Until the people are granted a Customized Education, and their propensity for junk entertainment is dispelled, they will not have a legitimate chance to achieve mastery over subjects that directly affect their livelihoods. Customized Education is the missing puzzle piece to deliver optimum sovereignty. We’re not talking of sovereignty of the plutocrats, who vehemently oppose and trample any dissidence of equal opportunity, especially of education. Ivy league schools are reserved for the few who, by chance, are lucky to receive the means to be the next generation of leaders. The princes of European blood lineages are back, but this time they use the illusion of equal opportunity of suffrage and education, exempting matters of relevance that directly affect the people. Economics is widely ignored, yet we revere the bill, the credit card, that gets us vacuous objects. (96% of currency is fiat; the rest is digital, hence worthless unless the people continue playing into the ideology of Reaganomics.)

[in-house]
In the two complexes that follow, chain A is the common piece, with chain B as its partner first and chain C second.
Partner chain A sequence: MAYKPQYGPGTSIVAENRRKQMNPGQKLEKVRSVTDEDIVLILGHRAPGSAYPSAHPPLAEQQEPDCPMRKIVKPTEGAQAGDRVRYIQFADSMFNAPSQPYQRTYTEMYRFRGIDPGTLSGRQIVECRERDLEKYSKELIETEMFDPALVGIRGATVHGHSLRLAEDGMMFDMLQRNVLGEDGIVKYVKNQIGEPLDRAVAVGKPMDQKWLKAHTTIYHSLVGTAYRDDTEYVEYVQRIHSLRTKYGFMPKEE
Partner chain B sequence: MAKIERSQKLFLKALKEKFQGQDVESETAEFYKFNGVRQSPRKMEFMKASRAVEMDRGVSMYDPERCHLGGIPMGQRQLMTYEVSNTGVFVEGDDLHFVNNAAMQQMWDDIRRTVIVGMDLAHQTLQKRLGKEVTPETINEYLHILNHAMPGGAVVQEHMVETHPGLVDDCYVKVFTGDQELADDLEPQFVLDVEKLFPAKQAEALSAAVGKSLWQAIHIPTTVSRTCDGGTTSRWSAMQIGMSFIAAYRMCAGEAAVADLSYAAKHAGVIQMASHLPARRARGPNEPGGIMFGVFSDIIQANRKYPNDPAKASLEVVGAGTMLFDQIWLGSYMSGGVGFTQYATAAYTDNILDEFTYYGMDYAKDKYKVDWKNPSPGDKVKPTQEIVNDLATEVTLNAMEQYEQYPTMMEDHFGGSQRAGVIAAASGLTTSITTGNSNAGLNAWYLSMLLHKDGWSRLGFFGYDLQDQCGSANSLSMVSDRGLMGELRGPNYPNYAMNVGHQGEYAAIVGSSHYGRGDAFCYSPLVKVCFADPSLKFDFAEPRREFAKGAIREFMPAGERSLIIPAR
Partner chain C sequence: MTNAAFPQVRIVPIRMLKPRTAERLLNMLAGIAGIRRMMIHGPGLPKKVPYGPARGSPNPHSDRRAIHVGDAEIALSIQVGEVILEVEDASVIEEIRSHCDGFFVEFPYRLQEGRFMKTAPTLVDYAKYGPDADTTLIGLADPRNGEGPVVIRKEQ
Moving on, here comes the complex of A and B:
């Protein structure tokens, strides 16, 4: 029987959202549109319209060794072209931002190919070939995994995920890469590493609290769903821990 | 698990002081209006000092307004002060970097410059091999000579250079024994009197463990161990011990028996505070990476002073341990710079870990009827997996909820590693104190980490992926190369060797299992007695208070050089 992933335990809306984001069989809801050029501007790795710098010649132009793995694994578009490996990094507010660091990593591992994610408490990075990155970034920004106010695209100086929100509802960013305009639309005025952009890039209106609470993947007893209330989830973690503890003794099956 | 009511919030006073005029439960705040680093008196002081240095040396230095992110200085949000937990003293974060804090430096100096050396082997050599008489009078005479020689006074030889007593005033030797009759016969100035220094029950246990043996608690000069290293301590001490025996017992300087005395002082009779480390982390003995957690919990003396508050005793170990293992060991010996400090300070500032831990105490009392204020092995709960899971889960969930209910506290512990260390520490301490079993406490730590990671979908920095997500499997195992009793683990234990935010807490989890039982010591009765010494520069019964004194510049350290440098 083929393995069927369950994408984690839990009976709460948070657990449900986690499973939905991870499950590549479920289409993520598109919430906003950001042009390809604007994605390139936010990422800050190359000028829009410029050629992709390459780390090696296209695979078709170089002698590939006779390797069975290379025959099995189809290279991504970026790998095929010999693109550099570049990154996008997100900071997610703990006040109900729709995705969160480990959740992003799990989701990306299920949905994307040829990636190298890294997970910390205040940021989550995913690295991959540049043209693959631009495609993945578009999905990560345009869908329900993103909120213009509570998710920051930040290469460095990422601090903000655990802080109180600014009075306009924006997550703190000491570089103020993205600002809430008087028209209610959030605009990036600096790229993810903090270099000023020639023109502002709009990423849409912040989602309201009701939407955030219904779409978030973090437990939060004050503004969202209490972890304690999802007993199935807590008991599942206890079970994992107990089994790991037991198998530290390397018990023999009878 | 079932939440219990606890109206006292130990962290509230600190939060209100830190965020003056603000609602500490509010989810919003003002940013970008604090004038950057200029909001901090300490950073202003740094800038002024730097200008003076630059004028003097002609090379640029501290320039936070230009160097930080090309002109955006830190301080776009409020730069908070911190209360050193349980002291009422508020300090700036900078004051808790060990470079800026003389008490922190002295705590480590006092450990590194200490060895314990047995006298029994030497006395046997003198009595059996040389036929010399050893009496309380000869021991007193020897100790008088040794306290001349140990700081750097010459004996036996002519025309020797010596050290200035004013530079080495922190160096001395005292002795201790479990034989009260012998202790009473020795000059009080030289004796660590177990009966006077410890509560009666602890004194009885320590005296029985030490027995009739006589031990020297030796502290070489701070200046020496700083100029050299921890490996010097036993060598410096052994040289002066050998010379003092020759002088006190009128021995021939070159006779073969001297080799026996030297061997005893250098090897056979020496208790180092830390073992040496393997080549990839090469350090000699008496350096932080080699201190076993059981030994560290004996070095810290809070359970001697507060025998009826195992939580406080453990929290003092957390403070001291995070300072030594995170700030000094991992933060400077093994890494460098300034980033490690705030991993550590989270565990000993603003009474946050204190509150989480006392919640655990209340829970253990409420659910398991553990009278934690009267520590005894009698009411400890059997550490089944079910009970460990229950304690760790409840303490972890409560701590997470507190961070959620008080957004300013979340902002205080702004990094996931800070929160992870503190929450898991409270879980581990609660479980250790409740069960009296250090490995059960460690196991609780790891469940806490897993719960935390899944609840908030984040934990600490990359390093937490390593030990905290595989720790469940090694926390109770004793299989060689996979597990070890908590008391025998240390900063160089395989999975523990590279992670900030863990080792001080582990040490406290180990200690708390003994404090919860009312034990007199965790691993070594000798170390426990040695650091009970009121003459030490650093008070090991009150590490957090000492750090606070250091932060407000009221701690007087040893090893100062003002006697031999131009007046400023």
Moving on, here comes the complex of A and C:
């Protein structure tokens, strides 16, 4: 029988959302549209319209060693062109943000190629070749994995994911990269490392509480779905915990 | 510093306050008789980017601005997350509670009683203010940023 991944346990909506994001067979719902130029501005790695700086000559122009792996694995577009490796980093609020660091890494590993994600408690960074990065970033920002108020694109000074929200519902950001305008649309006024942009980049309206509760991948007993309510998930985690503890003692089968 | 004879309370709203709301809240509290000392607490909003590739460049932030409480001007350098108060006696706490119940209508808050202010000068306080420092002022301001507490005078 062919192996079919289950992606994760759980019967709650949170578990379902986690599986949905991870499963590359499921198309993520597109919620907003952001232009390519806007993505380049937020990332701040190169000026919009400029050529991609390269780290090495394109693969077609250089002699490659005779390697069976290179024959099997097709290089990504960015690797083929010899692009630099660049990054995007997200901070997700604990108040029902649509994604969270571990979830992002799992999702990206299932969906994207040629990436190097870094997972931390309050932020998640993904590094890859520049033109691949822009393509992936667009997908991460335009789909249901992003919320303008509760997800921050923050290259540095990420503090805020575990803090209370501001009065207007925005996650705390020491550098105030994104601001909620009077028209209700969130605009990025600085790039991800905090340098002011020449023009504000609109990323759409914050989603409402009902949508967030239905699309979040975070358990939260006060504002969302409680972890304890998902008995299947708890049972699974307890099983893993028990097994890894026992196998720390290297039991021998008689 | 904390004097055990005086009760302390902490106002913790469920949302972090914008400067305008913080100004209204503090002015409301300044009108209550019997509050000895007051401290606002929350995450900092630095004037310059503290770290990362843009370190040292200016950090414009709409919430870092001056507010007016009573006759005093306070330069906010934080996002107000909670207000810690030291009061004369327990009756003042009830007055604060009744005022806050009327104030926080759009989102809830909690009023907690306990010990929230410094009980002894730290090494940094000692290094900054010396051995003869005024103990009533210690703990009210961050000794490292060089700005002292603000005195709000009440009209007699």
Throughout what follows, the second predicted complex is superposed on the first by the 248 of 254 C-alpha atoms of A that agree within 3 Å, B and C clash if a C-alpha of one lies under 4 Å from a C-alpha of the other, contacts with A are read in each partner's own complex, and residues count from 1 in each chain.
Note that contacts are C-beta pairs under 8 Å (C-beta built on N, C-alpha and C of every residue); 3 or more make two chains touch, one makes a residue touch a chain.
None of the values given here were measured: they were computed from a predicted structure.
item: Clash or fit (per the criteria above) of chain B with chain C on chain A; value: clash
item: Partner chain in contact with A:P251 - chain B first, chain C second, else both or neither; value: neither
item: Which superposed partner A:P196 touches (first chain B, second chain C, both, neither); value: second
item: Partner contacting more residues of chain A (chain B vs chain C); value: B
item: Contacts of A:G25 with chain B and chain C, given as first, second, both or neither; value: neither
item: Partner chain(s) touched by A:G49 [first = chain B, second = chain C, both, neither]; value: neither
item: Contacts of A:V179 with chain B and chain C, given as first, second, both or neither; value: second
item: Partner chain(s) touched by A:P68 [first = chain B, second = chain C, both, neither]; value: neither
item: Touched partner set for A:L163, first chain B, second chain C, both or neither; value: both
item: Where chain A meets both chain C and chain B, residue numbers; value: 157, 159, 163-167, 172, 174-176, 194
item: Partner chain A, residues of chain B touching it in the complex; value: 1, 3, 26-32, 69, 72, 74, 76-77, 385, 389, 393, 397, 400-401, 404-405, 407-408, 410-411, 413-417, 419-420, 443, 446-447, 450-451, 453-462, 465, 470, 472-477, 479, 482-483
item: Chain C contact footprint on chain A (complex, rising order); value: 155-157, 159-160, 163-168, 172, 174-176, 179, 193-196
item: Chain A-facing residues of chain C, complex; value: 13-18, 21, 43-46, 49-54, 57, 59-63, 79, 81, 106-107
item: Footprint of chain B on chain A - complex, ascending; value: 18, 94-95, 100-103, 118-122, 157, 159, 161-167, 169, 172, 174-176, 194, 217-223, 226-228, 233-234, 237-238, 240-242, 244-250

Neoclassical economics is founded on the assumption that an economy can grow with little or no regard to the resources that allow for economic growth of that country. In practice (as is taking place now) it negates any notion of regulation towards the conservation of resources, e.g., timber. It is not surprising that that economic school of thought was endorsed and made acceptable to the general public by individuals such as Margaret Thatcher and Ronald Reagan. In practice it emphasizes the worth of a product based on demand, rather than on the effort and cost it took to create that product — e.g., a tawdry object may be worth more than a painting by Michelangelo.